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Media censorship in Bosnia just got a lot scarier

November 30, 2021
topic:Freedom of Expression
tags:#freedom of press, #media, #censorship, #corruption
located:Bosnia and Herzegovina
by:Katarina Panić
The media community in Bosnia and Herzegovina, which is no stranger to repression, now faces two brand new forms of censorship imposed mostly by elected officials.

The first form refers to cases where persons who were once convicted of criminal offences exercise the right to be deleted from the criminal records (after a while has passed) and demand that media outlets delete the stories related to their cases from their archives retroactively.

The second form occurs when people who persistently refuse to be interviewed by the media request démenti once the story is published. In doing so, they do not deny the veracity the story but state their position on the platform and journalists who wrote the story, as well as on society in general. They, in fact, try to claim the spotlight in the media by misusing the right to démenti and the right to respond.  

In both of these newly detected trends, the persons exercising these rights are mainly public officials who ignore the principle obliging them to submit to a higher degree of public scrutiny and criticism. They threaten the media with lawsuits, and the media community does not know what to expect from the judiciary, since there has so far been no legal precedence in such matters.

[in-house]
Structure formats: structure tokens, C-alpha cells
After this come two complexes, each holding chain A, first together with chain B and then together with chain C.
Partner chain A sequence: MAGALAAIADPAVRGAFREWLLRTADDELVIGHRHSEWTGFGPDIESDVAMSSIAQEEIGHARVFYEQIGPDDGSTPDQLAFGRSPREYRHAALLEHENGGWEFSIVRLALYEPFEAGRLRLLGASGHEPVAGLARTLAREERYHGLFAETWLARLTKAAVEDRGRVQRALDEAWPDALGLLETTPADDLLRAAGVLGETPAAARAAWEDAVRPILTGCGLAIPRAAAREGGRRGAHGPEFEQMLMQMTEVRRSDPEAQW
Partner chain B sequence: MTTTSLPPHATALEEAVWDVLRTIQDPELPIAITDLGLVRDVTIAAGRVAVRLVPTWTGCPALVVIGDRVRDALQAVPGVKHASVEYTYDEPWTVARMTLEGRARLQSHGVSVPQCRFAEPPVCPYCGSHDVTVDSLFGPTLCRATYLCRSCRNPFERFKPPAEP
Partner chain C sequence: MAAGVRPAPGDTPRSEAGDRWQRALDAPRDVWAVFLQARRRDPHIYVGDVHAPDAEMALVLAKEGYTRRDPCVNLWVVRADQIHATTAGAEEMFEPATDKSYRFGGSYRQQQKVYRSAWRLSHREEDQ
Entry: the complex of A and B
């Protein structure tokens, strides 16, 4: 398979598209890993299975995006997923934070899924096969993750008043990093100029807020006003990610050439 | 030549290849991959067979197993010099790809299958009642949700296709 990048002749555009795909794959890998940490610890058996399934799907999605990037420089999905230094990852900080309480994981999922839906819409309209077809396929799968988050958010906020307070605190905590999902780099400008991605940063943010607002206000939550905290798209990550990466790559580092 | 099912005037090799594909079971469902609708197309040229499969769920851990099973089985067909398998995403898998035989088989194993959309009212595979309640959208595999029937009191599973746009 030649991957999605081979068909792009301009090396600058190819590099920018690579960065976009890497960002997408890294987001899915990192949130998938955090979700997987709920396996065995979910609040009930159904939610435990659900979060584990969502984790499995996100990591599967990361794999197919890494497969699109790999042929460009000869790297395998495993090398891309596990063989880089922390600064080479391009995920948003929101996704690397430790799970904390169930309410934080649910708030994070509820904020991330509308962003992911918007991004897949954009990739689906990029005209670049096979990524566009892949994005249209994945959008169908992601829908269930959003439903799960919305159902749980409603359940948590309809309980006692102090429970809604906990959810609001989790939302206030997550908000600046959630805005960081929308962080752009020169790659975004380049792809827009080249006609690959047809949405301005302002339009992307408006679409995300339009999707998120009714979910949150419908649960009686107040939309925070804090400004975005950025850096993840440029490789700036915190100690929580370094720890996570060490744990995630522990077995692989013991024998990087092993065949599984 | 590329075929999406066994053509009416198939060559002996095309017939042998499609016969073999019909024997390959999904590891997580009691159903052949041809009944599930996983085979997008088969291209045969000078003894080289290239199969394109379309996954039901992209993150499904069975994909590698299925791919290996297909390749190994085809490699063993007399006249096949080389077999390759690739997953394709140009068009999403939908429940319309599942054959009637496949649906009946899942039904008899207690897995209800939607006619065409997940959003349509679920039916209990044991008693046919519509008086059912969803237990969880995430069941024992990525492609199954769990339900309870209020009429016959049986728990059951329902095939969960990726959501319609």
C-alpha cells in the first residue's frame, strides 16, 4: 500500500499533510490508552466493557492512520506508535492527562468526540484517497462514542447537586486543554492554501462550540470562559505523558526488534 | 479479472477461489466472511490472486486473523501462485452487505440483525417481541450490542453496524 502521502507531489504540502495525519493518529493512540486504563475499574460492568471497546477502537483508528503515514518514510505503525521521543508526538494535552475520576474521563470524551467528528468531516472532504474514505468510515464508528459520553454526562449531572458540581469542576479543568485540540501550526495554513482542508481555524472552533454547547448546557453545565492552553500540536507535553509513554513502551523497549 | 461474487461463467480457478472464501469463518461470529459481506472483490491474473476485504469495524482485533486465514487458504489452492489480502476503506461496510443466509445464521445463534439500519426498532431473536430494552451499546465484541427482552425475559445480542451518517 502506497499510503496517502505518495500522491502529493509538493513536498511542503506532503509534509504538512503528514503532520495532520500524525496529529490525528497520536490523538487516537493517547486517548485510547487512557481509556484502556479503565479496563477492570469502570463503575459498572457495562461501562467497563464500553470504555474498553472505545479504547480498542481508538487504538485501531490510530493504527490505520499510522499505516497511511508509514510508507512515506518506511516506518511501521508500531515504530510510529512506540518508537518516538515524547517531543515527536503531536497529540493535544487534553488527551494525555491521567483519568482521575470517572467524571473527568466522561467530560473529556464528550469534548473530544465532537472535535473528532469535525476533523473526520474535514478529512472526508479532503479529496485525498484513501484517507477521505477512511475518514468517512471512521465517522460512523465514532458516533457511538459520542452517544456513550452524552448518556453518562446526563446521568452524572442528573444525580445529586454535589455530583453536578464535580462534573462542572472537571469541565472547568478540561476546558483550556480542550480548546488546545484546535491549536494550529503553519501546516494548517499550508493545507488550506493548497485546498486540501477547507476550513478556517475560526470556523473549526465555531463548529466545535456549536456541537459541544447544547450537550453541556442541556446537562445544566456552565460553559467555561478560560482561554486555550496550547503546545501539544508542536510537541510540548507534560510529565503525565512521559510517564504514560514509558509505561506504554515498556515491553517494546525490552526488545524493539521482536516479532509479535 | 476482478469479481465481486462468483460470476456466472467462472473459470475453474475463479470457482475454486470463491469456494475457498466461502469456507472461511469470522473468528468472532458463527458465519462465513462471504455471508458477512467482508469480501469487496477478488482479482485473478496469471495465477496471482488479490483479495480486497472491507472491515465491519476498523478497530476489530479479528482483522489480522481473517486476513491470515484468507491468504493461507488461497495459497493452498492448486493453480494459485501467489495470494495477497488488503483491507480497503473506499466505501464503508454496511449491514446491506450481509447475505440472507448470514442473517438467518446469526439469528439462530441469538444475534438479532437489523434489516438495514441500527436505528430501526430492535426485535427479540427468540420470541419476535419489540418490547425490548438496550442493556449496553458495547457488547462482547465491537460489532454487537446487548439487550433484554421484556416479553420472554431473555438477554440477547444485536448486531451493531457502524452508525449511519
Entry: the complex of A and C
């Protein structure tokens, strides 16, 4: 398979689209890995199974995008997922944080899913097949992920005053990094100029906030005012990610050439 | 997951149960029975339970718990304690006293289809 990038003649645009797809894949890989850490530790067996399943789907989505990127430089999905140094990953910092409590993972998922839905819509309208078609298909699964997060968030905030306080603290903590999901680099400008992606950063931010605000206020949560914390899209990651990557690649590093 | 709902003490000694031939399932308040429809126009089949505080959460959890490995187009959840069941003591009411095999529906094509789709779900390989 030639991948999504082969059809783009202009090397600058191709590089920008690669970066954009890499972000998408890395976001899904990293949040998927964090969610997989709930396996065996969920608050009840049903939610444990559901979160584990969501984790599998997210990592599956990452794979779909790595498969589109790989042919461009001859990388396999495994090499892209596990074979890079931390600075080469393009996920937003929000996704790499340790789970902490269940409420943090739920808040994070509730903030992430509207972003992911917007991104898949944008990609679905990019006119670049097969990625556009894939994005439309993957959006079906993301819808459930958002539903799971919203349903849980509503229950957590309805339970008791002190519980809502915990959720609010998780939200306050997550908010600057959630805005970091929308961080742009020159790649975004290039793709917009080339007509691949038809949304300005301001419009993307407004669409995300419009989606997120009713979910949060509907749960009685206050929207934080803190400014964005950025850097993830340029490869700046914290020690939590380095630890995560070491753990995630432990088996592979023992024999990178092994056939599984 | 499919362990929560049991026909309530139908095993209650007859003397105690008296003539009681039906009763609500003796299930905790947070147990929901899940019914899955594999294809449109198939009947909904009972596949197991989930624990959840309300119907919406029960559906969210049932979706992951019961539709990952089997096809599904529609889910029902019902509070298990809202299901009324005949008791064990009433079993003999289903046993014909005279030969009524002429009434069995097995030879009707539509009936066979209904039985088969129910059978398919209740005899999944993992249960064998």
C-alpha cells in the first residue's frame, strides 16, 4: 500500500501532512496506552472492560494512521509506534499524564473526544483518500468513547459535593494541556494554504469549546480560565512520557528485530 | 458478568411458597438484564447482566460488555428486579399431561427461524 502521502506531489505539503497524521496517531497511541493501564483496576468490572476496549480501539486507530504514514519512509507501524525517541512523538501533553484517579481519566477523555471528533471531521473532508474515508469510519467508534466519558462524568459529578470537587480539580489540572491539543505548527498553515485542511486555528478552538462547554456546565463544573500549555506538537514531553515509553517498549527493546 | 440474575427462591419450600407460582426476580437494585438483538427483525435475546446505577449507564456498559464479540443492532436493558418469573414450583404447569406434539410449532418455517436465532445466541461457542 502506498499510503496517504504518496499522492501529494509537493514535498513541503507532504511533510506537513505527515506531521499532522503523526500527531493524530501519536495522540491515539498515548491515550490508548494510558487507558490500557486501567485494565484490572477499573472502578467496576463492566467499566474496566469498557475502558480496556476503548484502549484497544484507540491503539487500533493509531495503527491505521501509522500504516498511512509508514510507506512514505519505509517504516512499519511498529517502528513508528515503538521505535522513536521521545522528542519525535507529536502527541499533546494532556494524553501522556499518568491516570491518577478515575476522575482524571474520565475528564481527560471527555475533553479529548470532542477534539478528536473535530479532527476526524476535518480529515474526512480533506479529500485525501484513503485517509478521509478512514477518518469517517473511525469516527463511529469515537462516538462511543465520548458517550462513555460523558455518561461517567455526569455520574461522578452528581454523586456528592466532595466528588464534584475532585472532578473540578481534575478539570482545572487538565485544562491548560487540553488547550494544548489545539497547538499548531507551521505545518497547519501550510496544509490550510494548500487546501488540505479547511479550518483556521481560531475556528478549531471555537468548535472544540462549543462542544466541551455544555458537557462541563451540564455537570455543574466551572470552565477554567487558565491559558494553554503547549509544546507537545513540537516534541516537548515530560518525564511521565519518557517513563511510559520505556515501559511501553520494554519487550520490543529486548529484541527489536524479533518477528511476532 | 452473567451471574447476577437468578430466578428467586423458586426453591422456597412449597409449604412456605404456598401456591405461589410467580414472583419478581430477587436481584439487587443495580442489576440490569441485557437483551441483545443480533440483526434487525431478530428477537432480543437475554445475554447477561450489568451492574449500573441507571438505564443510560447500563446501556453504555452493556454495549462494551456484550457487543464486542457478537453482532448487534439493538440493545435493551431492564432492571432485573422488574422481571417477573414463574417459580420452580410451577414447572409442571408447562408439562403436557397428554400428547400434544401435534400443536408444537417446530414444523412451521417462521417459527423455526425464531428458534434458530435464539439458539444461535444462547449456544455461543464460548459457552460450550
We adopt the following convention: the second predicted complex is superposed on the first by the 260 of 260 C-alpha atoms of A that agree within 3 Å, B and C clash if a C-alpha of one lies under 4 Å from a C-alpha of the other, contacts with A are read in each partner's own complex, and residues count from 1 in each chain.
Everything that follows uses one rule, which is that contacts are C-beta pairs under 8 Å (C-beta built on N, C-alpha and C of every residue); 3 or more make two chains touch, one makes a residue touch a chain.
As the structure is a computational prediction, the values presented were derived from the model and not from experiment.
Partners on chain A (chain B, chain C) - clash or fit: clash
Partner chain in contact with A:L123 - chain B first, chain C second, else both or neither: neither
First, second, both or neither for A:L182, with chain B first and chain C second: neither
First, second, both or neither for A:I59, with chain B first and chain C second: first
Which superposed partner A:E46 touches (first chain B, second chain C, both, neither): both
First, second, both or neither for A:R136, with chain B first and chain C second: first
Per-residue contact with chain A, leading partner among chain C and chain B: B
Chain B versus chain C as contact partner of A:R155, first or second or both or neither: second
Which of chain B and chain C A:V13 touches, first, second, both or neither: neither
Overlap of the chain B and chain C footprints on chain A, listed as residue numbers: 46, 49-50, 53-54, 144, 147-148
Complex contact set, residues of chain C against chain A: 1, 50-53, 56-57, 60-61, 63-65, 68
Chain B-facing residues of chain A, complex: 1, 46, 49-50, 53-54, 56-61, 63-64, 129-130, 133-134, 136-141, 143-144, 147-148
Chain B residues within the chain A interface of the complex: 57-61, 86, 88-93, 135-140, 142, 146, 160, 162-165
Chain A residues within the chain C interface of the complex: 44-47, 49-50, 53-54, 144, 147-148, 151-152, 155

Therefore, two of the most prominent media outlets in the country, the Balkan Investigative Reporting Network (BIRN) and Center for Investigative Reporting (CIN), decided to take matters into their own hands. In November, when the International Day to End Impunity for Crimes against Journalists was marked worldwide, the two organisations organised a panel discussion that gathered journalists and members of the academia and the judiciary who warned about the newest trends that endanger press freedom in BiH.

deleting media could skew history

Lejla Turčilo, a professor at the Faculty of Political Sciences in Sarajevo, warned that the requests for deleting media archives related to previous convicts are a kind of post festum censorship. 

"Journalists and the media have no obligation to protect someone's reputation," she stated. "Furthermore, removing media content from the archives would eventually lead to creating a different history." 

She emphasised that one might exercise the right to oblivion while addressing global internet browsers, but not media outlets.

Attorney Nedim Ademović had asked what could happen in analogue media archives if the digital ones were targeted, reminding that deleting convicts' criminal records does not mean that the court files are destroyed but that they are simply less approachable for the public.

"Public interest is hard to refute in any court," he added. "What can be a subject of discussion is balance test: whether you can you prove that the public interest is more substantial than someone's right to privacy, which includes the right to one's reputation and honour."